When he arrived, Samuel saw that David was only a little boy. ‘He's the one’, God said. Samuel took a flask of oil and poured it on the little boy's head, which was a sign to Jesse and his seven big, strong sons that their little David would grow up to be the next king of Israel. 

    Ask ‘David’ to return to his place.

  5. So. Samuel learnt not to be fooled by appearances. Unfortunately, another person in the Bible didn't learn this lesson until it was too late. That person's name was Goliath and, like the last story, the story of Goliath also features the little boy, David.

    It was a few years after Samuel had visited Bethlehem and the country of Israel was at war with its deadliest enemy, the Philistines. The greatest warrior among the Philistines was a giant of a man called Goliath. Every day he walked up and down in front of Israel's army, taunting the soldiers. ‘Send out your best man to fight against me. If he wins, we will all become your slaves’, but no one in Israel's army dared to fight Goliath.

    One day, when David was delivering packed lunches to his brothers, he heard Goliath shouting his daily challenge. He waited for one of the brothers to answer Goliath. None of them did, so David himself volunteered. ‘I will fight Goliath’, he said.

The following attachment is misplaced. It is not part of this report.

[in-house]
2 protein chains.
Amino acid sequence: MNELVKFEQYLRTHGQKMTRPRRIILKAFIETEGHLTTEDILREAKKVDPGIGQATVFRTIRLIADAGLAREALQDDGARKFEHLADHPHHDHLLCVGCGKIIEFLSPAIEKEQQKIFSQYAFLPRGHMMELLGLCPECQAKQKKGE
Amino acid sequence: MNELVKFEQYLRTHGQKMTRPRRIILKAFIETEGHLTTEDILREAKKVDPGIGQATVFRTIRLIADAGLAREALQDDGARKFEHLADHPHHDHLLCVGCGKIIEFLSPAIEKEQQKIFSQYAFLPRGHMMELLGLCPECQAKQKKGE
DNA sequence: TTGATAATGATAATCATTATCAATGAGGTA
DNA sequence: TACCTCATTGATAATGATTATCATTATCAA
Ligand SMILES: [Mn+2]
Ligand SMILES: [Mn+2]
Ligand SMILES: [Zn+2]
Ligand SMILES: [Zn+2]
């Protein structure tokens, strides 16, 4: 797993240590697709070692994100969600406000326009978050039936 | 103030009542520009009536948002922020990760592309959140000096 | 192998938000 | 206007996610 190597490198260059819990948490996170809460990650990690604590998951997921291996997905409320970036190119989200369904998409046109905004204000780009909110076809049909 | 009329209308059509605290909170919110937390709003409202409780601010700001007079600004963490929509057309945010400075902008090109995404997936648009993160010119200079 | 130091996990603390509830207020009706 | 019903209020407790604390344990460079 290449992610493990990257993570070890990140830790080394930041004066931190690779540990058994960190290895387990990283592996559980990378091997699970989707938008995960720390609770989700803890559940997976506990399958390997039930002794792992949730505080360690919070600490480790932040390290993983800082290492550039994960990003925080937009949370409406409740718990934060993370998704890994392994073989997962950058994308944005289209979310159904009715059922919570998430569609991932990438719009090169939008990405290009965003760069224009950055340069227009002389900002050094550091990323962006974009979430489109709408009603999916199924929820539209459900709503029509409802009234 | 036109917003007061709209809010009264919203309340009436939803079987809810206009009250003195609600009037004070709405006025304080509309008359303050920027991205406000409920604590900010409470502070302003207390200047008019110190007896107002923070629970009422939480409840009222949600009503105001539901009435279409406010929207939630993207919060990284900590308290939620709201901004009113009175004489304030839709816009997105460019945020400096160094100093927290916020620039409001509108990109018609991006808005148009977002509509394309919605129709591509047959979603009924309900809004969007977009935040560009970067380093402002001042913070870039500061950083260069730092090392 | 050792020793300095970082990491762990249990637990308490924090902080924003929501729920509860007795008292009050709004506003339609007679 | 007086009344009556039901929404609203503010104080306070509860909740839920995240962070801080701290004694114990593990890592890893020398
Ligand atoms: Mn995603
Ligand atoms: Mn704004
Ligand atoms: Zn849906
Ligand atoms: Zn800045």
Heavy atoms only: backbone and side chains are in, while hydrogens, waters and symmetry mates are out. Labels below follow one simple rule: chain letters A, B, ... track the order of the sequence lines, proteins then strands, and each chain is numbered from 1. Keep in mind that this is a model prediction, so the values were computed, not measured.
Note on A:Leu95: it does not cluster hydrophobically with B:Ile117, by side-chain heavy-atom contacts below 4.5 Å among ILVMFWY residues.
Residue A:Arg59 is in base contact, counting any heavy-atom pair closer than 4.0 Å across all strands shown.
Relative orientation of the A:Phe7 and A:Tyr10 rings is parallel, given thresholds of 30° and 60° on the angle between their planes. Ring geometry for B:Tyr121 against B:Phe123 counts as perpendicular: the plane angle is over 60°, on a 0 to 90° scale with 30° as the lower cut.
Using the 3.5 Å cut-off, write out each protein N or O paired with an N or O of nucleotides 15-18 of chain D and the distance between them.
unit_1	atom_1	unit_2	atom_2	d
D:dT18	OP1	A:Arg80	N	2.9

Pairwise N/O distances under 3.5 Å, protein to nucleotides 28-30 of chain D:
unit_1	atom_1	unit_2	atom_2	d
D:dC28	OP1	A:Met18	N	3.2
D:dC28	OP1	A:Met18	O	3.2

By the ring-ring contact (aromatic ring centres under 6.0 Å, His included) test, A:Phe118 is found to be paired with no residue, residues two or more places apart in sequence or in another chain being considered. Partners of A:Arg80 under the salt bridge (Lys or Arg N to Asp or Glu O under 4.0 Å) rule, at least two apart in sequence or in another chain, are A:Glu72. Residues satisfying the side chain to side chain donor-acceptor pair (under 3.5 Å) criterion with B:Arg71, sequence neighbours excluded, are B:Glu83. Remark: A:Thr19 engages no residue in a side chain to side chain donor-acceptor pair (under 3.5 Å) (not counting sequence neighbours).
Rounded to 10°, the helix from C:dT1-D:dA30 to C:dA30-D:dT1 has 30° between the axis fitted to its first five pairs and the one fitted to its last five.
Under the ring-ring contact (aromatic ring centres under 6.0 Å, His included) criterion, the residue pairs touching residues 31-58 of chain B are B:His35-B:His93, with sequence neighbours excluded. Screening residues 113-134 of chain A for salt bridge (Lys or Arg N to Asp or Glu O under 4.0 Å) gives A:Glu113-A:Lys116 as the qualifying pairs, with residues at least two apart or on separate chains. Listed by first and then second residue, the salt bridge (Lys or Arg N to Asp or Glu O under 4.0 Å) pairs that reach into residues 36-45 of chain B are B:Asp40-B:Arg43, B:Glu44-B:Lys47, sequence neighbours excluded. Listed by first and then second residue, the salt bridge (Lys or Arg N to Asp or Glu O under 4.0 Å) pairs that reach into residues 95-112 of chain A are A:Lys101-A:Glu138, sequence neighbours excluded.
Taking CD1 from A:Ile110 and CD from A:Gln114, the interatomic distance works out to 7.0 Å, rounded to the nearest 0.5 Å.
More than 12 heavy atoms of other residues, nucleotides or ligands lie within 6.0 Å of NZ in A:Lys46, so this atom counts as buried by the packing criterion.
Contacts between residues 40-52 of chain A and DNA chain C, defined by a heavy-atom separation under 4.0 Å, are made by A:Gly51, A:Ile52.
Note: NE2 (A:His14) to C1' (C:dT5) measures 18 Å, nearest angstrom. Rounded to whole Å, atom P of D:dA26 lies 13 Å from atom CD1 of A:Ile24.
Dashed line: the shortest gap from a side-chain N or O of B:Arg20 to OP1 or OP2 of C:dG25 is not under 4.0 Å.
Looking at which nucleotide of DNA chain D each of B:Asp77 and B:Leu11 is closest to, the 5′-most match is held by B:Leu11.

At first, the King of Israel thought David was joking. ‘But you're only a little boy’, he said. When he saw that David was determined, however, he had him dressed in armour and lent him his own sword. David tried walking around, but the armour didn't fit – he didn't feel at all right in it. Instead, David went out to face Goliath in his normal clothes, carrying not a sword but a slingshot, which he used to fire stones at the wolves that came to kill his sheep.

    When Goliath saw David, he sneered at him. ‘What do you think I am? A wolf that you can drive away with a few little sticks and stones? After I'm finished with you the wolves and the birds will strip your bones clean!’

    Goliath ran towards David, but, before he reached the middle of the battlefield, a stone from David's slingshot caught him right between the eyes and he fell down dead. Stone dead. 

Time for reflection

Dear God,
Help us to be more like you and not judge people by the way they look.
Help us to treat people who are smaller or younger than us with respect.
Help us to not be frightened of people who are taller or older than us, even if they do shout a lot.


Only a boy called David
He made Me 

Publication date: February 2014   (Vol.16 No.2)    Published by SPCK, London, UK.